Giants gone soft? Don't tell Ahmad

EAST RUTHERFORD, N.J. -- There are NFL fullbacks who go entire seasons without a single carry, backup quarterbacks who never take a live first-team practice rep, and fringe players who insist they enjoy being the guy who busts up a wedge on kickoffs.

And yet of all the things that don't make sense in football, the New York Giants' Ahmad Bradshaw is a different oddity: a sore-footed running back who runs only on game days.

Bradshaw is definitely not who defensive end Jason Pierre-Paul was talking about Wednesday when he said the Giants, who are in a 1-3 slump, are sometimes too "soft." A day earlier, coach Tom Coughlin seemed intent on rattling the Giants' cages, too. Noting how his team is now clinging to a one-game lead in the NFC East, Coughlin looked ahead to the New Orleans Saints' visit Sunday to MetLife Stadium and said the Giants need to win their remaining four games to avoid any risk of missing the playoffs.

That won't be easy.

Atlanta, Baltimore and Philadelphia all lie ahead after the Saints. Though New Orleans isn't the same team since the bounty scandal cost it head coach Sean Payton for the season, the Saints have still won five of their past eight games after an 0-4 start. And they still have Drew Brees, who gashed the Giants for five touchdowns last season in the Saints' 49-24 win in the Superdome.

When Giants defensive lineman Osi Umenyiora was asked Thursday what he remembers about that game, Umenyiora said: "I remember going to get X-rays on my ankle. When I came back out they had already scored four or five TDs."

One headline writer called the Giants a "fading" team after that game. They're now trying to shake their usual November dip in success again. Though Eli Manning isn't getting a lot of grief about it, Monday's loss to Washington -- and especially some of the open passes he missed -- underscored how he isn't having his greatest year. The same goes for the Giants' defense, which Rolle says needs "a little more dog." As in bite.

But Bradshaw? Bradshaw should get the biggest pass. But he'd never ask for it or take it. He's listed at 5-9, 214 pounds, but when you stand next to him he seems two inches shorter than that. He has had both feet surgically repaired -- then massaged and fixed and taped up and put through physical therapy again and again -- but his feet still bother him so much he often takes only a few snaps in practice most weeks.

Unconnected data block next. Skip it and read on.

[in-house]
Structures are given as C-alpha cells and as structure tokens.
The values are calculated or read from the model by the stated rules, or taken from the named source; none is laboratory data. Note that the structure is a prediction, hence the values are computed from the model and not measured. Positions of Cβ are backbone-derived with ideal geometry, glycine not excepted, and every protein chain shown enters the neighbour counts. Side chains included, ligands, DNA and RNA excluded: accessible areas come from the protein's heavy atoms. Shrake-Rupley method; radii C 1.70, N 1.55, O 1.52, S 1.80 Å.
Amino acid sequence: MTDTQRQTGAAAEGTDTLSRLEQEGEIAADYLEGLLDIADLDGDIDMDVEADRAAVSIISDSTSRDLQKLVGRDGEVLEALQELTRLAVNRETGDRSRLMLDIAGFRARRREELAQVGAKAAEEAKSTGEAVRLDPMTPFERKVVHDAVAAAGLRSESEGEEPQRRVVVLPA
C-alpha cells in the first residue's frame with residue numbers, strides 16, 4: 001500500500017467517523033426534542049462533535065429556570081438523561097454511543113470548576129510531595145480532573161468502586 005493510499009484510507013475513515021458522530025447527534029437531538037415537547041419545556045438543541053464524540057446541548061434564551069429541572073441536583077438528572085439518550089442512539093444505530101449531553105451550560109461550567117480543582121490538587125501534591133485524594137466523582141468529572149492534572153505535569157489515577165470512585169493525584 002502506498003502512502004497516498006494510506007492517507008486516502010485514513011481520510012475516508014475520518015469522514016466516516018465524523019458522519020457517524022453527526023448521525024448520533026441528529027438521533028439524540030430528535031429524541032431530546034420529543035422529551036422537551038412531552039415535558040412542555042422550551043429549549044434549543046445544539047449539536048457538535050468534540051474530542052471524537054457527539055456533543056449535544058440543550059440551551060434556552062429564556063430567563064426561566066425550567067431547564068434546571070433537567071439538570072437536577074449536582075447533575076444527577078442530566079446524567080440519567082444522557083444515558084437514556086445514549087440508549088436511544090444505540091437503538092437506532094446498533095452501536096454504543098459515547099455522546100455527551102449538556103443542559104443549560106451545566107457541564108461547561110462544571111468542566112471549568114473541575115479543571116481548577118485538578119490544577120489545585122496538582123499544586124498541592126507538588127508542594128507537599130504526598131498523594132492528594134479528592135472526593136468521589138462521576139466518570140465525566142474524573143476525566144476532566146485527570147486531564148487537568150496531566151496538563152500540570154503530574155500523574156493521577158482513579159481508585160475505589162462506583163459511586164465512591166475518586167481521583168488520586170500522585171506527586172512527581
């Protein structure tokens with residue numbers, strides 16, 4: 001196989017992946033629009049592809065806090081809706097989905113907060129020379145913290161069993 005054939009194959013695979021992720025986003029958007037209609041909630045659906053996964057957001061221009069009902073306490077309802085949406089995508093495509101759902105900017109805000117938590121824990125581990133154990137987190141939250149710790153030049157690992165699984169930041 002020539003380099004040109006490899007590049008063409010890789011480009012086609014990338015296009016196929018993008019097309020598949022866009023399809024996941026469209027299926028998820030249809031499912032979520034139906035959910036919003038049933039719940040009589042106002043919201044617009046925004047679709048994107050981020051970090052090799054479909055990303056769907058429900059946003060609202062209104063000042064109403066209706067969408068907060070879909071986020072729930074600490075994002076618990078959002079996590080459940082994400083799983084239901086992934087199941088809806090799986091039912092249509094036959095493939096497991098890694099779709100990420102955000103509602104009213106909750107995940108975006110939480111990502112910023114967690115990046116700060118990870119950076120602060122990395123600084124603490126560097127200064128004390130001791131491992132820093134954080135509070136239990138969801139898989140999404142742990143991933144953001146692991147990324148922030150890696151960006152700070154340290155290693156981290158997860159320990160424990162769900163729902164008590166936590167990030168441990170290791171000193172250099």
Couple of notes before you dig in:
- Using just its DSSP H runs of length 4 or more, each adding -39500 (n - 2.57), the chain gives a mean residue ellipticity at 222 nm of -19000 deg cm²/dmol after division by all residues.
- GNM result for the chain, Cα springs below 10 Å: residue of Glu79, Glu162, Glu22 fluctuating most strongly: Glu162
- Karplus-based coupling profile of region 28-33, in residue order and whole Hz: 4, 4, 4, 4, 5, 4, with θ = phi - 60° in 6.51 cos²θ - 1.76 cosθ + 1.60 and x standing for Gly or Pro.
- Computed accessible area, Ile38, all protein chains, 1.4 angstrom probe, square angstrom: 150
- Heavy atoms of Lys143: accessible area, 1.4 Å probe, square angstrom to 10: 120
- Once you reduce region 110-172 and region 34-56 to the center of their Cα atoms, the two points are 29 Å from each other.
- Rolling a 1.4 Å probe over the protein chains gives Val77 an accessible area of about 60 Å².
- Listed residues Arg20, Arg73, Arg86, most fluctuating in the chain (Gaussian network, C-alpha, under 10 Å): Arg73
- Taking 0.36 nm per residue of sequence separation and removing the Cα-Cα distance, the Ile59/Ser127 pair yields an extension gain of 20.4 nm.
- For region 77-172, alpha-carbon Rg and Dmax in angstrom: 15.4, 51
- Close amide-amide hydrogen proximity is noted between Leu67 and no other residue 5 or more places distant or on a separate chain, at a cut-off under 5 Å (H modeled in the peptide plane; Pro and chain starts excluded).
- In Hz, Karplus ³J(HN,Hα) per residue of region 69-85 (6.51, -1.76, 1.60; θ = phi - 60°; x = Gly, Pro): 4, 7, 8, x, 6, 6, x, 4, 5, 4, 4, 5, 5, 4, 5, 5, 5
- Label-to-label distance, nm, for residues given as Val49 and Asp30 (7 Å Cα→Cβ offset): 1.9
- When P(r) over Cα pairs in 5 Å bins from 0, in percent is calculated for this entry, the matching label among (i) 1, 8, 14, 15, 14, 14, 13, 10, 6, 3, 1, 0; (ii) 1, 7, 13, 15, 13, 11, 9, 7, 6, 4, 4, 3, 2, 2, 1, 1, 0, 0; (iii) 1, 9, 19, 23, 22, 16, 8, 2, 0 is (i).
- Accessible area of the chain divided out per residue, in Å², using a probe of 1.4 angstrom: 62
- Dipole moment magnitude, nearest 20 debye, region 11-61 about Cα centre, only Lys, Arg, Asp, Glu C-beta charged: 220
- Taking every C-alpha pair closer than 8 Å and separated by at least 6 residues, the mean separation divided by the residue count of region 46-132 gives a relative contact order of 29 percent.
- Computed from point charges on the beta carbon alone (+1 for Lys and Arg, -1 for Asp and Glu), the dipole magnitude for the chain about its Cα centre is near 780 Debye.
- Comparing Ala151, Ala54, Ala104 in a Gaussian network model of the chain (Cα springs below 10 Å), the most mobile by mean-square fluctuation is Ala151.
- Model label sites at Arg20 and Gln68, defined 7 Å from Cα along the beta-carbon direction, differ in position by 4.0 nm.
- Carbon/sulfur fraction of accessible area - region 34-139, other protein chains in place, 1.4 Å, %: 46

Come Sunday, though, it's a different story.

Bradshaw slams and spins and grinds and struggles for every yard, often dragging tacklers with him. And every push-off he makes with each foot must hurt. But with 836 yards rushing so far, Bradshaw is on track for his second 1,000-yard season. He had 24 carries against Washington on Monday for 103 hard-won yards -- his best performance since he went for 200, then 116 yards in back-to-back October games. When he got only 12 carries the following week, the TV cameras caught him yelling at Coughlin in frustration, "RUN THE BALL!"

"I didn't see it live," Giants guard Chris Snee, Coughlin's son-in-law, says with a smile, "but it was one of those things you hear about later in the locker room."

Thursday, Manning smiled about it too, but preferred to talk more about Bradshaw's gift for "finding the smallest seams and creases to run through." And Snee laughed again when asked if Bradshaw has ever slapped him upside the head as Bradshaw did to wideout Victor Cruz when he missed a block that Bradshaw felt might've sprung him.

"Nah. He and I butt heads before every game," Snee said of Bradshaw, "so we get it out of the way."

Snee added, "I'm sure on Sundays it looks like he's running pain-free, but I'm also sure he's in pain. He'll just never complain about it. Ahmad has the same fire that he had six years ago [when he got here]. Nothing surprises me about him or amazes me anymore. I just appreciate what he plays through, and how much love he has for the game."

Against New Orleans, it won't be a surprise if the Giants again try to knit together long, time-consuming drives to keep the Saints' offense off the field, same as the Giants did Monday against Robert Griffin III and Washington. What makes Bradshaw's ability to play through pain even more important is backup Andre Brown was recently lost to a broken leg.

Bradshaw is now the Giants' only healthy running back who has been here awhile. David Wilson is a rookie. Kregg Lumpkin and Ryan Torain just arrived. Bradshaw's old pal Brandon Jacobs is gone to San Francisco.

Given the critical stretch run of the season the Giants are in, it still feels like a thin blue line of protection. But Bradshaw says no, no, no, the running attack is not Bradshaw 'Til He Drops, or Bradshaw or Bust.

"I'm not going to put all the pressure on me. ... I got help," he has insisted. "Ryan and Lumpkin is coming in, and I've got the young boy [Wilson] here. ... When I first got my playing time, Derrick Ward went down with a broken leg and I was able to step in [as a rookie] and be a huge part of our offense. So I've been telling him [Wilson] that, staying in his ear, trying to help him out as much as possible."

That's all fine. But there's no back left who can replace everything Bradshaw does.

How is it that a running back who runs only on Sundays can be this good?

"He's as tough as they come," Manning answers.

"And once he gets in the game," Snee adds, "he never wants to come out."

But what about those bad feet?

"I'm getting a lot healthier now," Bradshaw insisted the other day.

Nothing soft about him.

Notice he didn't say "healthier" compared to what.